Patrick Foley has been on the move all his life. Tired of drifting, he wants to spend his last days in an isolated Australian valley where he grew up. On his difficult journey he meets ... See full summary »
Two aging playboys are both after the same attractive young woman, but she fends them off by claiming that she plans to remain a virgin until her wedding night. Both men determine to find a way around her objections.
Set during the Korean War, a Navy fighter pilot must come to terms with with his own ambivalence towards the war and the fear of having to bomb a set of highly defended bridges. The ending of this grim war drama is all tension.
Robert Lomax, tired of working in an office, wants to be an artist. So he moves to Hong Kong to try his hand at painting. Finding a cheap hotel, he checks in, only to find it's used by prostitutes and their "dates" they meet in the bar downstairs. Since he never picks up any of the ladies, they all want to know more about him. Eventually, he does hire one to model for him... and soon falls in love. However, since he's on a limited budget, he can't afford her exclusively, but doesn't want to "share" her with anyone else.Written by
Brian W Martz <B.Martz@Genie.com>
As an former student of the Royal Ballet School in London, a 20-year-old Nancy Kwan was discovered by producer Ray Stark after the coveted role of Suzie Wong was up for grabs when French-Vietnamese actress France Nuyen suffered a bout of chronic laryngitis. See more »
Lobert Romax's hotel suite (Borehamwood studio) faces the building across the street, but when he walks a few steps up to the outside patio (Hong Kong location) - he is thirty feet above it. See more »
If I were a prizefighter, and I kept getting my brains knocked out, I'd be foolish if I didn't quit.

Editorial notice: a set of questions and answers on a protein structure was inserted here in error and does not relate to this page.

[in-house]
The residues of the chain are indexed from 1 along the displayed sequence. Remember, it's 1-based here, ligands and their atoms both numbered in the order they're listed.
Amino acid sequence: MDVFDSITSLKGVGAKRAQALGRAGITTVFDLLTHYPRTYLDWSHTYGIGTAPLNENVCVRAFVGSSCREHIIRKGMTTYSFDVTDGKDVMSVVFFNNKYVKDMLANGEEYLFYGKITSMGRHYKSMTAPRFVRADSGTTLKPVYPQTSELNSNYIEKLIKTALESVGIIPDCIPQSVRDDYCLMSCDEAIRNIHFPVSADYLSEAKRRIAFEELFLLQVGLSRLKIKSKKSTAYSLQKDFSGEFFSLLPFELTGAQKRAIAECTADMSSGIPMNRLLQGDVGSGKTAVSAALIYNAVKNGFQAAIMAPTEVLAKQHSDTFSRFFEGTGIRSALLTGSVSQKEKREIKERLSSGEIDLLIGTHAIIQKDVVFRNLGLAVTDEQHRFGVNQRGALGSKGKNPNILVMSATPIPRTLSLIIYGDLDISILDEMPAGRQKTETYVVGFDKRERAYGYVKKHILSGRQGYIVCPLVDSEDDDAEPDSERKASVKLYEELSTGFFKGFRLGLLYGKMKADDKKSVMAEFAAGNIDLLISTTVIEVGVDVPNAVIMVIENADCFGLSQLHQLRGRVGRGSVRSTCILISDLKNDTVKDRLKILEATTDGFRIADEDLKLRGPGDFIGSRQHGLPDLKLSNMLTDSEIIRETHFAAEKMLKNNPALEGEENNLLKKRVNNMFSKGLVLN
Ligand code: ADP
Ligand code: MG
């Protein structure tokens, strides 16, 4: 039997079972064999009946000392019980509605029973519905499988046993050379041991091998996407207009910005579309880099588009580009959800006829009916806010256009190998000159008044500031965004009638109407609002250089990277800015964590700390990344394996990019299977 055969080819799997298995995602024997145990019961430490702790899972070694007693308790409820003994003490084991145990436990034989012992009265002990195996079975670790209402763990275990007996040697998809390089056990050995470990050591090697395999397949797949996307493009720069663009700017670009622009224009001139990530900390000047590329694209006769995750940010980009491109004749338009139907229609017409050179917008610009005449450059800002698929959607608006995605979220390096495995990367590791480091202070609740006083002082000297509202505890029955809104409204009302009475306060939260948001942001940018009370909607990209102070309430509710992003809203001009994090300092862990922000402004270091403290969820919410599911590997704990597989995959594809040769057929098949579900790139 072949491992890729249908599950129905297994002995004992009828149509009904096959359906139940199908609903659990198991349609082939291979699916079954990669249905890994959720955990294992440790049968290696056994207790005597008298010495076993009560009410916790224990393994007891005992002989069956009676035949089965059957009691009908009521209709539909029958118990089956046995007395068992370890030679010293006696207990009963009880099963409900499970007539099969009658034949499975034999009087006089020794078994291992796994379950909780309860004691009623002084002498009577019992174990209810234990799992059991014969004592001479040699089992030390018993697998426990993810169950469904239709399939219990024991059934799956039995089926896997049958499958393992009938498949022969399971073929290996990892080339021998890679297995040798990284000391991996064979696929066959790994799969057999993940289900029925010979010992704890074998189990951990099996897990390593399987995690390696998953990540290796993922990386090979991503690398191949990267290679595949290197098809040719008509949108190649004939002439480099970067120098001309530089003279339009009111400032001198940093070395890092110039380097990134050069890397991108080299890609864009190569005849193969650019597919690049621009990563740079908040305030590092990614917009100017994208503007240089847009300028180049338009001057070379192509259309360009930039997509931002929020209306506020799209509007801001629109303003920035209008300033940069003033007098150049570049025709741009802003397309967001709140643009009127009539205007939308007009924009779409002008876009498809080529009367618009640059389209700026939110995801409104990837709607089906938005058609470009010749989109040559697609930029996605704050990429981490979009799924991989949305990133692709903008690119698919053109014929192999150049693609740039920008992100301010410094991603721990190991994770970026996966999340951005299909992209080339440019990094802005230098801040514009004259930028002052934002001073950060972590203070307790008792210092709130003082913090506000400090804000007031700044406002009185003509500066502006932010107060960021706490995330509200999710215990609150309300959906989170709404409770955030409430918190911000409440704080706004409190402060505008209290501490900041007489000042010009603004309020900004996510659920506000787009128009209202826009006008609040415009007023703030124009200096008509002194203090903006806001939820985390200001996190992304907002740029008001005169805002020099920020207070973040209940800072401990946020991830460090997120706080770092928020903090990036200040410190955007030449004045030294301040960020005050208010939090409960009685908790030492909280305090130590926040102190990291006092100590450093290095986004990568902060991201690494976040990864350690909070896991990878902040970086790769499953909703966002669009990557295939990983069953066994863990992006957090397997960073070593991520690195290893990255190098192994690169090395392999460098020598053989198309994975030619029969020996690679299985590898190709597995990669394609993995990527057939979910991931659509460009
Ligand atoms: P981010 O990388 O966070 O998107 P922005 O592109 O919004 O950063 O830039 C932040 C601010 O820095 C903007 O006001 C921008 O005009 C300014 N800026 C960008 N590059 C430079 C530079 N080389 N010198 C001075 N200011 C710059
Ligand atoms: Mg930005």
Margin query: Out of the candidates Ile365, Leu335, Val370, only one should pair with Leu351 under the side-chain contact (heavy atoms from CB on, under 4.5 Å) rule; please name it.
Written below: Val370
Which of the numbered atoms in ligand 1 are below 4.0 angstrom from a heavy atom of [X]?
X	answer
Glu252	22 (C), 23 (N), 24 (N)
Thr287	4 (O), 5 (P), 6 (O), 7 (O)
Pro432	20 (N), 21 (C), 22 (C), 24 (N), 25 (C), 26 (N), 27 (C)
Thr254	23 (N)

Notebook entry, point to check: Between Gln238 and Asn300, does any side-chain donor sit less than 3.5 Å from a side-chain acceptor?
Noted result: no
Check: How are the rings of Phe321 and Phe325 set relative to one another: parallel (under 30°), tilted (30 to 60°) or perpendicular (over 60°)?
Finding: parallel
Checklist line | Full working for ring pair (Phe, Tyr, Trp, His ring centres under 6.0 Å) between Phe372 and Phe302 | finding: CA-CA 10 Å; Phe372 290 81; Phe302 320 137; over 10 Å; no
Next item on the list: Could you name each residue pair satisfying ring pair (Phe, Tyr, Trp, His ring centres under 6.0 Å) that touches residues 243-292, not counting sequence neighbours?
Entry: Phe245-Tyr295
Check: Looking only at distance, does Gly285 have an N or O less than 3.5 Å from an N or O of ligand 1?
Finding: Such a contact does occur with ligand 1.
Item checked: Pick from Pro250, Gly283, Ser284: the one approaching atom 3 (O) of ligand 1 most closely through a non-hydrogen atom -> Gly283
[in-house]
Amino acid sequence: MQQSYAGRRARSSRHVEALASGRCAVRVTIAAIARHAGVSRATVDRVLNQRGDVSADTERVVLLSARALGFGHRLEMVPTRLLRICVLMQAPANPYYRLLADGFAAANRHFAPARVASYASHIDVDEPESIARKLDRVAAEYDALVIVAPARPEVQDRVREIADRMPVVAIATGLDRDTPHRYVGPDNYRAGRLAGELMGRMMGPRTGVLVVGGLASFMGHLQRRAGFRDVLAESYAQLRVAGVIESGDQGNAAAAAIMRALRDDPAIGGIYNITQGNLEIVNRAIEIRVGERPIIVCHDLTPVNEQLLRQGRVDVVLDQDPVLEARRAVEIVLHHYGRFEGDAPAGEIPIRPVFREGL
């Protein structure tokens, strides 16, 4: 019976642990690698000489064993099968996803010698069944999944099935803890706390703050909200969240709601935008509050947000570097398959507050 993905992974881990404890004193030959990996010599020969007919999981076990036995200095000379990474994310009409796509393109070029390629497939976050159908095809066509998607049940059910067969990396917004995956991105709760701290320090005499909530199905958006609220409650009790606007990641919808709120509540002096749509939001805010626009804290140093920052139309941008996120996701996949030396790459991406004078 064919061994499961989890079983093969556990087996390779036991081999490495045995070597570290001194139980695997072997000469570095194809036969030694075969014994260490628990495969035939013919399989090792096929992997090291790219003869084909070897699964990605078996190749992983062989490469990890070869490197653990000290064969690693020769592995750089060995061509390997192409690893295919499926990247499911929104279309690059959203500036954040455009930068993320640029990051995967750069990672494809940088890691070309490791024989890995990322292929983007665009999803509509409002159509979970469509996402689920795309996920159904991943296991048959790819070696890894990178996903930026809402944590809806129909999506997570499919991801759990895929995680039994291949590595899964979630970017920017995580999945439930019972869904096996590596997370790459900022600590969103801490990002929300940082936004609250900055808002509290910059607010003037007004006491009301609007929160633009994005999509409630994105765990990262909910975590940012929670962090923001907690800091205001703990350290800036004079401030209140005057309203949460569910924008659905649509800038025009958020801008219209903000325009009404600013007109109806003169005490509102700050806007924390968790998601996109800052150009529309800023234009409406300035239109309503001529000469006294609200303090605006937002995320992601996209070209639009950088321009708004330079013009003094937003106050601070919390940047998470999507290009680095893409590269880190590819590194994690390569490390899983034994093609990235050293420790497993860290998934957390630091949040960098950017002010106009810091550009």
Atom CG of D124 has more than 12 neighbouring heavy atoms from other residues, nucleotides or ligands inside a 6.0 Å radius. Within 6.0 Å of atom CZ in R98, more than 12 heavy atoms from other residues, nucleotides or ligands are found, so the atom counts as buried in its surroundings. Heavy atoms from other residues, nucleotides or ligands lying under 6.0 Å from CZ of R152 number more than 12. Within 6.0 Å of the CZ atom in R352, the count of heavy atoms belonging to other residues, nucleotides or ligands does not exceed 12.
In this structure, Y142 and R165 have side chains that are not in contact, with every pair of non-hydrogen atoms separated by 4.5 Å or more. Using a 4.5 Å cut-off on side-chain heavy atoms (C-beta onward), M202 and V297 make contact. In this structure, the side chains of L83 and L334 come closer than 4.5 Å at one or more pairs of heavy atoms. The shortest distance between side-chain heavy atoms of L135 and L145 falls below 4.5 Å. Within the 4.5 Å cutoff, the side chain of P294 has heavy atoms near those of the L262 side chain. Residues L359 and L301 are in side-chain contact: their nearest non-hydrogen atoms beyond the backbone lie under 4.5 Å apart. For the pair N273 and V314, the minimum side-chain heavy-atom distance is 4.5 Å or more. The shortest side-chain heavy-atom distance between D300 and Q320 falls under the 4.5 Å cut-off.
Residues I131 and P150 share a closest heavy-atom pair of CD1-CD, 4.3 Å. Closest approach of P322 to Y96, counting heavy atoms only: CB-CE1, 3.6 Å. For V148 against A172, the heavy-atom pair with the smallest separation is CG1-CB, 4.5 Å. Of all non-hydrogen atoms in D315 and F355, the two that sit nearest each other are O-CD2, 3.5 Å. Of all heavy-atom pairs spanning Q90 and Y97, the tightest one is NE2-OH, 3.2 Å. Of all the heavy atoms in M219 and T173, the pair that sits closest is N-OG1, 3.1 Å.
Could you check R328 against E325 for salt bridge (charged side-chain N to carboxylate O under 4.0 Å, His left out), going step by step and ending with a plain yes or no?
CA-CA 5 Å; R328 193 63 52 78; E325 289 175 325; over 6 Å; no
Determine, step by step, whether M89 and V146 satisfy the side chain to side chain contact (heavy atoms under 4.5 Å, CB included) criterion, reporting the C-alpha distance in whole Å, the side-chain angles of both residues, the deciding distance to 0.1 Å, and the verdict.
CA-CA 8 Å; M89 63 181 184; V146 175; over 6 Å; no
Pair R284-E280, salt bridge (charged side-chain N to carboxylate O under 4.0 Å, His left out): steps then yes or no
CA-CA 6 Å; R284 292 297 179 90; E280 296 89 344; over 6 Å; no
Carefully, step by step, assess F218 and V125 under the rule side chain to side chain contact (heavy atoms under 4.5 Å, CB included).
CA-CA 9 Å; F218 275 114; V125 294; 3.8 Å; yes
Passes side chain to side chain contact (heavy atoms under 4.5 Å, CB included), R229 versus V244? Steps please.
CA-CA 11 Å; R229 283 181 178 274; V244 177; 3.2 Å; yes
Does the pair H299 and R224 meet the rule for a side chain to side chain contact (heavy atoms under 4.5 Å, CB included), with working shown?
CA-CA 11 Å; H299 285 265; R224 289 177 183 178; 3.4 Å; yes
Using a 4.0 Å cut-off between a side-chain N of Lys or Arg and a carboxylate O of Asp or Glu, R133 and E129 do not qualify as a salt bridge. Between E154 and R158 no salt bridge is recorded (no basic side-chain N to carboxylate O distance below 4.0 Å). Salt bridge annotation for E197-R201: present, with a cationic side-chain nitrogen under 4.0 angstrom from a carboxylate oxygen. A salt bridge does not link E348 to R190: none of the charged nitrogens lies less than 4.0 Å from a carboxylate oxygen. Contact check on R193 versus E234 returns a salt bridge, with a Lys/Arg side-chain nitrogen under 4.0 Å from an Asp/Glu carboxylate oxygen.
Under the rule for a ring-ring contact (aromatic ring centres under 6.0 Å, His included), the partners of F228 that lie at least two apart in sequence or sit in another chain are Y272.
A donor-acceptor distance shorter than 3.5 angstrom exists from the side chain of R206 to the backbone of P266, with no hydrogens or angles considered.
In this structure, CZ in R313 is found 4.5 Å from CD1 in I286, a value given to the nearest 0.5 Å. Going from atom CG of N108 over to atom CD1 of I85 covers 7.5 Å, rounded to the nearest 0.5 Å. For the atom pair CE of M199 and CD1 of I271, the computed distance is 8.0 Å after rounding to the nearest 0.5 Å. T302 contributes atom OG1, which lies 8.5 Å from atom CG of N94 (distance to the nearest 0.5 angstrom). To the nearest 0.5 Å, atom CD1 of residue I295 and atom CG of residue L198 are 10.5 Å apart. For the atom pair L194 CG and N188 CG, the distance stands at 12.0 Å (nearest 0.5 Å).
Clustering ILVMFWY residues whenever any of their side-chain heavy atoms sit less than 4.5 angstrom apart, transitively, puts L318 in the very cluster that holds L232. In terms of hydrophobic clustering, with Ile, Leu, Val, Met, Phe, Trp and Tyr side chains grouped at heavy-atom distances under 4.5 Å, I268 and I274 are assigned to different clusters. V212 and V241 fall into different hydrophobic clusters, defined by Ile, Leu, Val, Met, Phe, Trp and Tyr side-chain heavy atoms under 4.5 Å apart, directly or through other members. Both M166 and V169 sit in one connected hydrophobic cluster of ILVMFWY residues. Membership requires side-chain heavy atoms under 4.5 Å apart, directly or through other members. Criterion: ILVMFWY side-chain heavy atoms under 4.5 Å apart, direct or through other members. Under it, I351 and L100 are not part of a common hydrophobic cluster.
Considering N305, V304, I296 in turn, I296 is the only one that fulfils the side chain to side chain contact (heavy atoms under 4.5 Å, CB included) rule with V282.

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If there was one beautiful face on the screen that mesmerized me in 1960--it was Nancy Kwan as Suzie Wong in "The World of Suzie Wong". Forty five years later, I bought the DVD and I treasure this movie as much as I did in 1960. This was the time when Stars were Stars and beauty was not skin deep. Nancy Kwan stole the scenes from her "Permeanent boy friend, Lobert!" (Chinese version of Robert!). William Holden who was at the peak of his career at that time gave a subtle but memorable perf. There is more romance in this movie than "Casablanca" and "Sound of Music" combined. The location is beautifully captured, with background music embellishing the landscape. This was produced by Ray Stark and masterfully directed by Richard Quine. This was when Hollywood was the glamor capitol of the world and artistry and talent took higher billing. This movie is an attestation to the fact, that-you make good movies, people will see them no matter what, when and where. The movie was a visual treat, with an old fashioned romance and an innate beauty that the newer movies will never capture. "To who it may concern," Why can't Hollywood make more movie's like this?-"For Goodness Sake"!!!.
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